Jammed Finger and Baseball

You hear the crack of the bat and see the ball coming your way, but when you reach for the catch, the ball jams your outstretched middle finger. You’ve just caught baseball finger, also known as mallet finger. Mallet finger can result from any situation in which the tip of the finger is jammed by a rapidly moving object, injuring the tendon on the back of the finger and sometimes even fracturing the bone.

For immediate treatment at home, apply ice to reduce swelling, clean any cuts under running water and wrap the finger with gauze, applying a moderate amount of pressure to help stop any bleeding. A physician can evaluate the severity of the injury and any cuts, repair any deep cuts, stitch minor ruptures of the tendon and determine whether the bone has been fractured. Often, treatment includes splinting for four to six weeks, keeping the finger extended (straight) and allowing the tendon to heal. Over-the-counter analgesics can ease the pain. If the tendon is severely damaged, surgery may be required. Fortunately, most cases of mallet finger respond to appropriate treatment and recover fully. However, the recovery period can leave the hand, shoulder and arm somewhat weak. A carefully supervised physical therapy exercise program can help restore strength and flexibility, as well as help you regain full use of the injured finger. Exercises include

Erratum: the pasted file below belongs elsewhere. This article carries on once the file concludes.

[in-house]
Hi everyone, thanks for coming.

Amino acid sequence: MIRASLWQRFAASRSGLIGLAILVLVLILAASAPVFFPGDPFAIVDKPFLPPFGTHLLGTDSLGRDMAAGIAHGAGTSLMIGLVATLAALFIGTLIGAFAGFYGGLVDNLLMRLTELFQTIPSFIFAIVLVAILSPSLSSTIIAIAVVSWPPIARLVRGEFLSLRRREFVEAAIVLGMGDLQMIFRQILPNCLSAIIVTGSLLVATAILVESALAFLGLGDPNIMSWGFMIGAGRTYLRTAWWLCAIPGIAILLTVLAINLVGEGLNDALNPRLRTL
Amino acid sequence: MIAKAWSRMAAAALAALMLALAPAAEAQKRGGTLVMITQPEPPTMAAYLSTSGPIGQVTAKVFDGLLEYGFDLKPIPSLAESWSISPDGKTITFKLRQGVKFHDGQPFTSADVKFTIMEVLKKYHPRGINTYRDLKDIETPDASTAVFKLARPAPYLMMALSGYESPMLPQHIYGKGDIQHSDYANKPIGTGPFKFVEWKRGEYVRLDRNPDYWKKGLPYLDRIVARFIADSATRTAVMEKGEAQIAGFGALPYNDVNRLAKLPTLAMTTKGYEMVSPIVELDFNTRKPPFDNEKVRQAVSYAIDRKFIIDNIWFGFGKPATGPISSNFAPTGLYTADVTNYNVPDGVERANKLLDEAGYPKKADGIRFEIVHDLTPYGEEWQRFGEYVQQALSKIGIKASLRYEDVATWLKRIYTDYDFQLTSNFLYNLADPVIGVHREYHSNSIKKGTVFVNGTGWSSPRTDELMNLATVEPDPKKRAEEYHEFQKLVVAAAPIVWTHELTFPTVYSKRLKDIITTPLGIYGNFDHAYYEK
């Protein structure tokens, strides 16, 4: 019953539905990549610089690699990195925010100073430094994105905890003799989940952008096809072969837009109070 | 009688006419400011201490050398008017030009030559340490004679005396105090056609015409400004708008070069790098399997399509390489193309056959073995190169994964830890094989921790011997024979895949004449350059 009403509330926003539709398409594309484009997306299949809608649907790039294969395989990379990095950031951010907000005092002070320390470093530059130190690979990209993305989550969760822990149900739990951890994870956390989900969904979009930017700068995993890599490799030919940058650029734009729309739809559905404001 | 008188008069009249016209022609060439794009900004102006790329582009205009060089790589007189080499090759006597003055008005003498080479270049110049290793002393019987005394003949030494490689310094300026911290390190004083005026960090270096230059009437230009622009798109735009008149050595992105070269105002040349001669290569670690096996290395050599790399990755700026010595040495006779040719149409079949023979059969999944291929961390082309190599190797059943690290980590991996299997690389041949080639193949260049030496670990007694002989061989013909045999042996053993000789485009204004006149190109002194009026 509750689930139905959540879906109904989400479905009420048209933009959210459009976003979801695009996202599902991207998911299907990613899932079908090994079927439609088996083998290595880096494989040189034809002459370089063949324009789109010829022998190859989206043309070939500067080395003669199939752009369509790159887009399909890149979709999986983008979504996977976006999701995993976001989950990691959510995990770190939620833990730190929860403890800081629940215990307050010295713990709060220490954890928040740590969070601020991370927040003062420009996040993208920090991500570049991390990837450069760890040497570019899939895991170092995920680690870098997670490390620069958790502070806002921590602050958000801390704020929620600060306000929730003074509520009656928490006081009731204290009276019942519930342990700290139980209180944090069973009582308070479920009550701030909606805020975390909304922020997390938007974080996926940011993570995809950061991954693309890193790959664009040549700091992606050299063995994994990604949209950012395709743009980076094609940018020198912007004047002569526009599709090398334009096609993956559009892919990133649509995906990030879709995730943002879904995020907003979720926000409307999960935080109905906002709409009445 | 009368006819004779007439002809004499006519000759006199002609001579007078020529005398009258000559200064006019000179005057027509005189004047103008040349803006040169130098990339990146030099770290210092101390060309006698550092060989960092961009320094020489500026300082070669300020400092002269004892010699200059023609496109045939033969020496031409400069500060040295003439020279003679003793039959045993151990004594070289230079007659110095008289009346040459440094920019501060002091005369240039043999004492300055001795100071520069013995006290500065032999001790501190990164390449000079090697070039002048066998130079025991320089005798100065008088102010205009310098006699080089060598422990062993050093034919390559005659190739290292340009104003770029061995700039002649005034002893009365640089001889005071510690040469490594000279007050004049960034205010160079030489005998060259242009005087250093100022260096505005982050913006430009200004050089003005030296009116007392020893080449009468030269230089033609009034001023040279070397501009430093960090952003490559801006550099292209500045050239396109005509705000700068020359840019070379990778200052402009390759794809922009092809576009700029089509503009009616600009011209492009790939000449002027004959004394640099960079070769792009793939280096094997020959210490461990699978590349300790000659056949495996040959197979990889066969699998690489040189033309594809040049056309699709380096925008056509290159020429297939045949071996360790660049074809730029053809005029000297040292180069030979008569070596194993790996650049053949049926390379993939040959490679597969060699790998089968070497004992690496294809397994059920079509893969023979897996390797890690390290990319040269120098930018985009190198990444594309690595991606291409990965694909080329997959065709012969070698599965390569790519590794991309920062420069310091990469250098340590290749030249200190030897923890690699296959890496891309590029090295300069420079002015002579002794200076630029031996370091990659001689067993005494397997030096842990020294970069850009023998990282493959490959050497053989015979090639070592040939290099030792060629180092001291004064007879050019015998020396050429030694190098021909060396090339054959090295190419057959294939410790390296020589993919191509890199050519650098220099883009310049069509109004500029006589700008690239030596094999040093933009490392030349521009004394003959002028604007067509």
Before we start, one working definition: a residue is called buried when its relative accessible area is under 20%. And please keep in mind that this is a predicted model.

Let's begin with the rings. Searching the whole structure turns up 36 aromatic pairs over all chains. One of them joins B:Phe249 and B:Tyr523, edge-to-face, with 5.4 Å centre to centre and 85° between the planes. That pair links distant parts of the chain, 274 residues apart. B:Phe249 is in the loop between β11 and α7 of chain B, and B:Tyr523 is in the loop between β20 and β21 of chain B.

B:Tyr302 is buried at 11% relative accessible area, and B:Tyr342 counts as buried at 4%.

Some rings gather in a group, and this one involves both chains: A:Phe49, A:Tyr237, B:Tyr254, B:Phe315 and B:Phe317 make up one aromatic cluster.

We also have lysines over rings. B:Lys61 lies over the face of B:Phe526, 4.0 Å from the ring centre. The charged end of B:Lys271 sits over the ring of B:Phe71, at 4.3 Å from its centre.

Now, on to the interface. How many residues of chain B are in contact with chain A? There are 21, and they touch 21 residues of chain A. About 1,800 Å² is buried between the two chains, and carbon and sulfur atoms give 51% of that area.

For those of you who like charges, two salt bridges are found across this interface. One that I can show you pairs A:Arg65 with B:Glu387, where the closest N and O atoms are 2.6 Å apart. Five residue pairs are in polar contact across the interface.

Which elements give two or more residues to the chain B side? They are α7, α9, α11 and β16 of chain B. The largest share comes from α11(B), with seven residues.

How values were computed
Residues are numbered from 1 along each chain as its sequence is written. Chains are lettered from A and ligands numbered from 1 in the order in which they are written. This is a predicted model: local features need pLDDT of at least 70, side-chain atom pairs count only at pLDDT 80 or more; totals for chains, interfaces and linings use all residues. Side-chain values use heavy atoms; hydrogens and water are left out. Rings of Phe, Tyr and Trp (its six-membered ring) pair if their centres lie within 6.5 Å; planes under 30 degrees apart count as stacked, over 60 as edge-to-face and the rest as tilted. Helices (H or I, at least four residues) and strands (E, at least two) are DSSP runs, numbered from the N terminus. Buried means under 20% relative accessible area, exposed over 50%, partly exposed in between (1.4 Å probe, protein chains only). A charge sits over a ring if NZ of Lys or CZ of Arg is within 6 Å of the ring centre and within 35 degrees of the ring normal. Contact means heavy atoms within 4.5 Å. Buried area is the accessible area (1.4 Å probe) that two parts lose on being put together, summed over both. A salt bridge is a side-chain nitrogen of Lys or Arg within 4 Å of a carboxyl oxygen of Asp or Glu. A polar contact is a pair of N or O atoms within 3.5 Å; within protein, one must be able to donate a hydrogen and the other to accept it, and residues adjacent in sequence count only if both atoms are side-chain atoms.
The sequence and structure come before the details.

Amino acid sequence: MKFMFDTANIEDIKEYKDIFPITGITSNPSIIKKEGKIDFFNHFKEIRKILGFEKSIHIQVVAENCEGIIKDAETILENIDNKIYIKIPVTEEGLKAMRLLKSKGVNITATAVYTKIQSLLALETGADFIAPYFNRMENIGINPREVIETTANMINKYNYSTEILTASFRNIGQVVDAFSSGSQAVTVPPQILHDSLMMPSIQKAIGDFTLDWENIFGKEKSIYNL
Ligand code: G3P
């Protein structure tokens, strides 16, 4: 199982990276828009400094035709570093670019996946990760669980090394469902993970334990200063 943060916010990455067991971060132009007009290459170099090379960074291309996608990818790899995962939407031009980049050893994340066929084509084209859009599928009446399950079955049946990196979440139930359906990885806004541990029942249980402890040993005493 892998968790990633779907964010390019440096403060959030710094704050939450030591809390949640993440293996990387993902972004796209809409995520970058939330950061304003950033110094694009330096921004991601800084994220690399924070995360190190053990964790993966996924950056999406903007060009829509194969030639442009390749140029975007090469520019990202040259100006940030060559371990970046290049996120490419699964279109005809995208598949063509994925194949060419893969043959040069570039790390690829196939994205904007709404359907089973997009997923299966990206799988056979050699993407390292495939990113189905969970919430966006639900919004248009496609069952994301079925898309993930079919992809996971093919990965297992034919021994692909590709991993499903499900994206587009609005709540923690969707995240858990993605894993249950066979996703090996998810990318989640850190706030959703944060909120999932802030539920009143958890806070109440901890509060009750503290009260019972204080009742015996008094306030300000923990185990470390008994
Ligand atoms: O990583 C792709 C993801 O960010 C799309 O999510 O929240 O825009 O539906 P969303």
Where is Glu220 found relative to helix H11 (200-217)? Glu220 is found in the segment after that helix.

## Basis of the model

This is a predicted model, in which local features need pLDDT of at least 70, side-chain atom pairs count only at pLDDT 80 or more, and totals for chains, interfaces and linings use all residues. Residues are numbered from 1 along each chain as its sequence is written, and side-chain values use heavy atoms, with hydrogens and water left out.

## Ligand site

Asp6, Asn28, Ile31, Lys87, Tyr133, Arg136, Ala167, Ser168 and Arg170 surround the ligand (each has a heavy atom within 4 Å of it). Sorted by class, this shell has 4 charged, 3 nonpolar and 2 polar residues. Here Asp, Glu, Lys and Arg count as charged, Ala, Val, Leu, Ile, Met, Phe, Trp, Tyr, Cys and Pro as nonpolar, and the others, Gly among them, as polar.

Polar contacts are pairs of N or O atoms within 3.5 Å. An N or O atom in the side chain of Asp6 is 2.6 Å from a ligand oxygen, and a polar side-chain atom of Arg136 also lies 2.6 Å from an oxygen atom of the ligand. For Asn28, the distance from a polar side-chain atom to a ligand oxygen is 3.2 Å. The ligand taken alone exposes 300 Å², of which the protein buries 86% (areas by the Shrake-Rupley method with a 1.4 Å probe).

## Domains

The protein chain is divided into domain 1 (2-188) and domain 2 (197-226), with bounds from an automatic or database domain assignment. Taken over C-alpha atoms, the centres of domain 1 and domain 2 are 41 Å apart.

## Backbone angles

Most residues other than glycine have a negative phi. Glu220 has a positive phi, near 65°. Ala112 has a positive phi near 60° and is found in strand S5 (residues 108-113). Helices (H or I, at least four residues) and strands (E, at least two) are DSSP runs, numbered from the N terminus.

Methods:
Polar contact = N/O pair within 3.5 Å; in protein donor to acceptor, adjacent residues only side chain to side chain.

• Finger passive range of motion: Gently bend and straighten out the injured finger with assistance from your other hand.
  • Finger extension: With your palm flat on a table, lift each finger straight up one at a time, hold and then lower it; repeat for all five fingers.
  • Object pick-up: Pick up small objects, such as coins, marbles, pins or buttons, with the thumb and tip of the injured finger to improve dexterity.
  • Grip strengthening: Squeeze a soft rubber ball and hold the squeeze for five seconds to rebuild strength in the hand.
  • Shoulder and arm: These exercises will be added as you progress.

Once you regain strength and the full use of the injured finger, we can design an at-home exercise plan to maintain your finger and arm health. And the next time a fly ball comes
your way, make sure you catch with a glove.

Related Articles:

July PTEDigest Includes:

Baseball Finger: The Injury You Don’t Catch
Supplementing Treatment for Knee Osteoarthritis
Fitness: A Lifelong Commitment
Keep Your Head: Recovering from a Concussion
Redo for a Rotator Cuff Re-tear

Download PTD July 2015